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How to get starbust effect in lights?
#1
Hello

I have seen many images around the web where the for example the street lights will have like a starry feel to it similar to sun rays.

How does one achieve that? Is it just post processing or something to do with the equipment or the way you shoot a photograph?

Just in-case if I was not able to explain exactly what I meant above - check this link -
http://www.flickr.com/photos/pixelprojec...900427714/

See how the lights have those starbust type starry effects?
This is done in post processing, but is there a way to actually achieve this while taking the shot?

Cheers
Samy
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#2
You can get that by closing the aperture to about f/16. Some lenses are better then others for this. One of the good lenses for this effect is the Tamron 17-50 f/2.8.
Another old school way is to add a star shaped cardbord aperture tothe front of your lens. You can cut out any shape you desire. Teddybears included Smile Here's some examples. https://www.google.com/search?q=star+sha...66&bih=667

Another way is to use a plugin for photoshop or Lightroom. Never used one. Don't know if they're any good. Probably not.
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#3
Buy one of these http://www.bhphotovideo.com/c/buy/Star-S...4077634499
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#4
Yeah, this is another one of the better ways to do it. I never used it but I did see some great results from other with these type of filters.
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#5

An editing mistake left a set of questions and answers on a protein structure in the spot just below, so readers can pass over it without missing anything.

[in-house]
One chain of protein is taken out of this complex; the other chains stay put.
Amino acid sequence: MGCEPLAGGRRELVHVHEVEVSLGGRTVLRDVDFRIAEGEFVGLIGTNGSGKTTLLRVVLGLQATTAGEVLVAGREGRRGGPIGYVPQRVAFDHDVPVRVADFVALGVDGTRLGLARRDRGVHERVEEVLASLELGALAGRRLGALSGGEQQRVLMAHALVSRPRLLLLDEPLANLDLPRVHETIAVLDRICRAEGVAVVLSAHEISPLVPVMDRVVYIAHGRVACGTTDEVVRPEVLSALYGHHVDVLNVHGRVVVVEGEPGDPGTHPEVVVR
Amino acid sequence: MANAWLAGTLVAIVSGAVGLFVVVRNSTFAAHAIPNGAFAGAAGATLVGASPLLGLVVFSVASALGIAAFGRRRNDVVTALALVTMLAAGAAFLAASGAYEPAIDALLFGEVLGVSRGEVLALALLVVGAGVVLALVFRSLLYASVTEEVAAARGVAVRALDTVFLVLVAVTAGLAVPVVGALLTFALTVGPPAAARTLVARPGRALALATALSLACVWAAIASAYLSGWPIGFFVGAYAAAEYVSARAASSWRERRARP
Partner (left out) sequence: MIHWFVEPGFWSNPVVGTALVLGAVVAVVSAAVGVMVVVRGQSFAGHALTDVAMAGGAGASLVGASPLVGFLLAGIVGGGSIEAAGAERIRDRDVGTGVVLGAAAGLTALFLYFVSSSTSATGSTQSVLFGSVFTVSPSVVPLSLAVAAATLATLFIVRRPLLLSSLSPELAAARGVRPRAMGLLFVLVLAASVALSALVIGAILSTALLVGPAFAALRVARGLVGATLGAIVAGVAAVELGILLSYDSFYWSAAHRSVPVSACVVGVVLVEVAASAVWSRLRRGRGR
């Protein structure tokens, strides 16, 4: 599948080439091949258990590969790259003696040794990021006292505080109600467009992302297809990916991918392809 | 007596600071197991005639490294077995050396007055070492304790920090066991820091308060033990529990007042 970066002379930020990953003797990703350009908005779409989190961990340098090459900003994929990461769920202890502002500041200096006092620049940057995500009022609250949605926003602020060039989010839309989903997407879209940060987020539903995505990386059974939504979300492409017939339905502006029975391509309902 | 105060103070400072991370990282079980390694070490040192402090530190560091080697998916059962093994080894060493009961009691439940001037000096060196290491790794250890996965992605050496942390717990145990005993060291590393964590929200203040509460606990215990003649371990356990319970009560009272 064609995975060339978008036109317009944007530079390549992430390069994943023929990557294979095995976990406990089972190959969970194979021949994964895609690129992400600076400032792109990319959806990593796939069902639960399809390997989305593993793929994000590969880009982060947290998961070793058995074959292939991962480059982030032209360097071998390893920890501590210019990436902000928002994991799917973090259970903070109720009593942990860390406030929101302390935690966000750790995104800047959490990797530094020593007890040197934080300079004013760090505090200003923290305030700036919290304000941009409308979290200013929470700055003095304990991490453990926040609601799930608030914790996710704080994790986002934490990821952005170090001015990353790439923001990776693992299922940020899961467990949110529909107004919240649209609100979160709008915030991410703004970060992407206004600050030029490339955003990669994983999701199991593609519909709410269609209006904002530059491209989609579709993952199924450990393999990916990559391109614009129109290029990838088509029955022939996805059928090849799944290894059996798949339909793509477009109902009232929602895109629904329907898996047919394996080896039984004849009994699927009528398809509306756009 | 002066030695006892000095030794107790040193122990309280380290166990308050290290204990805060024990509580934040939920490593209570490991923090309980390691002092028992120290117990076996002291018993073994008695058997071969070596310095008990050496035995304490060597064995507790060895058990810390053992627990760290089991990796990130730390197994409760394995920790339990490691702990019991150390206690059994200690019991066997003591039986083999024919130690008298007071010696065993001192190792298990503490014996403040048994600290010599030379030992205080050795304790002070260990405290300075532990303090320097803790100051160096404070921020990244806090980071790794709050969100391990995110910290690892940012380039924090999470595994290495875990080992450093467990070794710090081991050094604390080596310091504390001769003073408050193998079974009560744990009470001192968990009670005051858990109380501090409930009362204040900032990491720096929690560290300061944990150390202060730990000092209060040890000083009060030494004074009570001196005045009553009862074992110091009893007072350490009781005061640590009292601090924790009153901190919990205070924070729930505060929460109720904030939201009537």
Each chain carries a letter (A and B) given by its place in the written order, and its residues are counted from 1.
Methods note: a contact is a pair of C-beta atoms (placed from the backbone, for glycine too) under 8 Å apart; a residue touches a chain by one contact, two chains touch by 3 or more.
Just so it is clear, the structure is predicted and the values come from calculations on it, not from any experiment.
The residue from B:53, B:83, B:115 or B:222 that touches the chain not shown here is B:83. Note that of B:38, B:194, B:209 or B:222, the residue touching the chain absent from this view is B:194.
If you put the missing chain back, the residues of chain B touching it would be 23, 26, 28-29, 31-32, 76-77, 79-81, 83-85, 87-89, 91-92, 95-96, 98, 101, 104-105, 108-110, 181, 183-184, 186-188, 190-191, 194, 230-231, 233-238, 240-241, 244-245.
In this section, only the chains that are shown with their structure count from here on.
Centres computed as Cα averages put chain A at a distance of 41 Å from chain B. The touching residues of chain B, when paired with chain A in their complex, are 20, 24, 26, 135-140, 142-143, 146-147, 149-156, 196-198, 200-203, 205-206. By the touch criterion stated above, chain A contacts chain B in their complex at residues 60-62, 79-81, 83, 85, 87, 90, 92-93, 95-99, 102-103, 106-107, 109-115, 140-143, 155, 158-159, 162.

Starburst filters, can get 4 points up to 12 points, probably more
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#6
(May 10, 2013, 11:45)samyshah Wrote: Hello

I have seen many images around the web where the for example the street lights will have like a starry feel to it similar to sun rays.

How does one achieve that? Is it just post processing or something to do with the equipment or the way you shoot a photograph?

Just in-case if I was not able to explain exactly what I meant above - check this link -
http://www.flickr.com/photos/pixelprojec...900427714/

See how the lights have those starbust type starry effects?
This is done in post processing, but is there a way to actually achieve this while taking the shot?

Cheers
Samy

You might try glycerin on the lens (preferably on a plain filter).
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#7
You can buy filters to screw onto lenses of CSCs/DSLRs.

I got a group of filters for around £30 on ebay but you can but singular.

You can buy packs, or 4/6/8 point on their own.

By the looks of it, it's an 8 point filter
An olympus E-500, and a lot of crazy ideas.
http://www.dailywanders.blogspot.com
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#8
To really appreciate this effect your lens should stop down to f22 or higher (rare) this gives the inage a sense of depth as well as star effects on highlight spots. The filters are good but lack this certain depth created In Camera.
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#9
(Jun 3, 2013, 06:05)Bruce M. Wrote: To really appreciate this effect your lens should stop down to f22 or higher (rare) this gives the inage a sense of depth as well as star effects on highlight spots. The filters are good but lack this certain depth created In Camera.

My only problem is my sensor is quite small, so it's impossible to get anything out of it without using a high ISO, which presents the problem of huge amounts of noise!

That's generally why I tend to stick to filters, rather than trying to use a narrow aperture- it's not worth the hassle of having to edit the image in Photoshop afterwards!
An olympus E-500, and a lot of crazy ideas.
http://www.dailywanders.blogspot.com
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